Today is my mom's 7th death anniversary. She lived to be 93. During that time, she had 4 brothers and sisters, one of which died shortly after birth. She married and had me and my brother. Five years later she endured the tragic death of my dad at age 37. He was killed in an accident on the job at US Steel in Homestead, PA. My mom was shopping with her mom, my grandmother, when baba slipped, hit her head on a telephone pole and died shortly thereafter. My mom's dad died a few years earlier from diabetes complications. All of her brothers and sisters, mom was the oldest, died many years before. All of her aunts and uncles and most of her friends were taken before mom's passing, too.
So basically my mom had only her children and grandchildren and one great-grandchild remaining when she died. Her second grandchild was born one month after she passed.
Recounting these deaths may seem depressing, but death is simply the end of the beginning. We all have a beginning and an end. On a continum, birth is on the extreme left; death, on the extreme right.
Everything in between is called life. Individually we have no control of the extremes, they happen to us. But, life is within our control, it happens under our direction. We make choices and then reap the benefits of those choices. We also suffer the consequences for the bad choices we make.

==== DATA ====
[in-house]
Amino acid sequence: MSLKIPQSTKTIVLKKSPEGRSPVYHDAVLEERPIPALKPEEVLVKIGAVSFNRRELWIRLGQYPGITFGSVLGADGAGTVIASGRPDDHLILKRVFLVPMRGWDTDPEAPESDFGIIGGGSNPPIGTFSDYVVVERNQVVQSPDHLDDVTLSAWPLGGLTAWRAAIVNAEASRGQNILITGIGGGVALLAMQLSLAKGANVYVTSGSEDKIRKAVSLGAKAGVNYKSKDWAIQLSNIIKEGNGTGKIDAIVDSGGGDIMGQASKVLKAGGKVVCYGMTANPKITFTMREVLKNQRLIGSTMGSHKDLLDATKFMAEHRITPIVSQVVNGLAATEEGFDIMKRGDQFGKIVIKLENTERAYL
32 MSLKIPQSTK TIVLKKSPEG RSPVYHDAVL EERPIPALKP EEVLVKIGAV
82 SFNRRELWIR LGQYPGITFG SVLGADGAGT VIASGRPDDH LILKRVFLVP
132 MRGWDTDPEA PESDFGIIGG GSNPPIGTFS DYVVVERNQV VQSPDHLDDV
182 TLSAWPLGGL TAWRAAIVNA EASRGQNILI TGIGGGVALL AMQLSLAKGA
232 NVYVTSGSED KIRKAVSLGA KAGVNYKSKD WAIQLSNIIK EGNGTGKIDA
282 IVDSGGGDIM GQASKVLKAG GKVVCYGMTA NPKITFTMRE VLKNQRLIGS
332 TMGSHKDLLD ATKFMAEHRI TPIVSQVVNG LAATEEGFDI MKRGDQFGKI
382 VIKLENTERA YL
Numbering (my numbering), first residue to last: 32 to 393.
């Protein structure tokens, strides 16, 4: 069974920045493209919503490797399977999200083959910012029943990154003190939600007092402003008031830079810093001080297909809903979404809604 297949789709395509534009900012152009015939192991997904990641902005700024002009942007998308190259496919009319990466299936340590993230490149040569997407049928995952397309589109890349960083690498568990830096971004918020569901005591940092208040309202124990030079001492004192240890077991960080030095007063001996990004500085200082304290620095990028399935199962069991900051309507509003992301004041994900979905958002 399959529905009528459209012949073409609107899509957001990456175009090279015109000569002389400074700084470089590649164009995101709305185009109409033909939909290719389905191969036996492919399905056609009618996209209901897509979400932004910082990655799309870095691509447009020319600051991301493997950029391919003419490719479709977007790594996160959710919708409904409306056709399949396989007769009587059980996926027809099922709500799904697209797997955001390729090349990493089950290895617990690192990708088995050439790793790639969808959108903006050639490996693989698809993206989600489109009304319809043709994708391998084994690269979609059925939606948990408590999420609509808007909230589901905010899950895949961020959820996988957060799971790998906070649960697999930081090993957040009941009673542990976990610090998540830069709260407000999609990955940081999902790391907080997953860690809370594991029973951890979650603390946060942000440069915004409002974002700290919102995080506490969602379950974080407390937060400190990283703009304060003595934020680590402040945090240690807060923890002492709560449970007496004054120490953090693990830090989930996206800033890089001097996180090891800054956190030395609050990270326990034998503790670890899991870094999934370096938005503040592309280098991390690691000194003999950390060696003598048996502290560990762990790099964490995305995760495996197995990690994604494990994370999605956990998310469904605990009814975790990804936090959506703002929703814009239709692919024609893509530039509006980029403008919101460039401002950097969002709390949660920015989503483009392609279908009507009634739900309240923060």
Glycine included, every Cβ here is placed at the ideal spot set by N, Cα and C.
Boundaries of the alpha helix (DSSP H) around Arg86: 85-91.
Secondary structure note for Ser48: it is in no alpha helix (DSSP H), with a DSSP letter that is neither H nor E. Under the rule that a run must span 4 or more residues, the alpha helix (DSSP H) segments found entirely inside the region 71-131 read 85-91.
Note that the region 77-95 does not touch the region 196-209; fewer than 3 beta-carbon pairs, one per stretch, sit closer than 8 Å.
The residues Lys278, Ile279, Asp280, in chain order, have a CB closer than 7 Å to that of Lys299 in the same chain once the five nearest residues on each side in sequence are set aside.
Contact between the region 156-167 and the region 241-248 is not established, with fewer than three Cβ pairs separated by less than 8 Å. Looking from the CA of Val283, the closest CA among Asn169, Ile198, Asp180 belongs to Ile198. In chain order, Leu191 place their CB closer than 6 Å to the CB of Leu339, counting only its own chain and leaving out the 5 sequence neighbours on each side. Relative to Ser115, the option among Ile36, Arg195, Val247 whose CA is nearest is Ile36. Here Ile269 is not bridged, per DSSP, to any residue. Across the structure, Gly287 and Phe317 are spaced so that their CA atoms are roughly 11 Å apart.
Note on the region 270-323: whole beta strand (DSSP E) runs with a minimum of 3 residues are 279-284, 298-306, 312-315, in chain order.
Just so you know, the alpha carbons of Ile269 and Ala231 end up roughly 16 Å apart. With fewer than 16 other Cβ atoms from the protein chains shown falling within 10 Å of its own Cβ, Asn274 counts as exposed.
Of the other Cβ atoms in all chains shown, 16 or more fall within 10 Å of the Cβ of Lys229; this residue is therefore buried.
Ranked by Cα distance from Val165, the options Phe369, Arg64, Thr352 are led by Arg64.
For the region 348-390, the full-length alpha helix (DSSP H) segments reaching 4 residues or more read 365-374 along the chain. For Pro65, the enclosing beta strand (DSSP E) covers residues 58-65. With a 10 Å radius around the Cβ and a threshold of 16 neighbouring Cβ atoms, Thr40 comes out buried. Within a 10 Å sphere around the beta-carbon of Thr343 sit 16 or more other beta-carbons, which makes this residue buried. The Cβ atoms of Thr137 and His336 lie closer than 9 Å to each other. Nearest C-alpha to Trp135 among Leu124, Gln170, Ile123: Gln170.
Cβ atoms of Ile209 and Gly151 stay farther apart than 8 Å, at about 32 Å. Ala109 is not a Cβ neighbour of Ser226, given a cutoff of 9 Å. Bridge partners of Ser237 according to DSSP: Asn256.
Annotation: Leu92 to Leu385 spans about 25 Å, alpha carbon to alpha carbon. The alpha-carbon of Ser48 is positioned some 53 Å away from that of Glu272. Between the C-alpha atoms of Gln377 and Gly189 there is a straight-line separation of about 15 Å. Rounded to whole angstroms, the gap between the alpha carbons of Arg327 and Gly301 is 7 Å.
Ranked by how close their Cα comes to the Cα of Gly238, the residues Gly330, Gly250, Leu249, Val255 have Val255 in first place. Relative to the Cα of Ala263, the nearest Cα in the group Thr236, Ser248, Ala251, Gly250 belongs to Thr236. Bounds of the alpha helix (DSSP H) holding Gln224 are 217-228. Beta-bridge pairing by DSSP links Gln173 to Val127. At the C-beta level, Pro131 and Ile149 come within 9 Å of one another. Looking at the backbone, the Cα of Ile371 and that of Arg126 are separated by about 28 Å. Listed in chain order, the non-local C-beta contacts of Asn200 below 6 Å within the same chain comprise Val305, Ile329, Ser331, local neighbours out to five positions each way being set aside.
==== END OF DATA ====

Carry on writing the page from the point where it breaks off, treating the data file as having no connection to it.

In yesterday's paper, the obit section, I was shocked to see the name of a young man I taught in kindergarten in Trafford, PA. Cameron was only 31 and died from a horrendous fight with cancer.
He leaves behind 4 little girls, a wife, mom, dad, brother, in-laws and many, many friends. He would have gladly lived a long life, but he couldn't determine the time of his death. That was out of his control. But he made choices throughout his time on earth that I'm sure benefitted himself as well as everyone he held dear. And he suffered the consequences of his bad choices, too. I was very sad to read about his passing. He and his family are in my prayers.
Death is natural. It's very hard to embrace this concept when those who die are close to us, too young to leave this world, or have a devastating impact on us personally. We seem to be able to accept death more when those who leave us have lived long lives, have reached many of their goals, or are in such great pain that death is perceived as a blessing. Perhaps we need to spend more time contemplating the idea of death as the end of all living things. Perhaps we need to be more open to the beauty of death as the culmination of life lived as well as could be expected. And then perhaps we won't be shocked when death comes knocking no matter the day or time.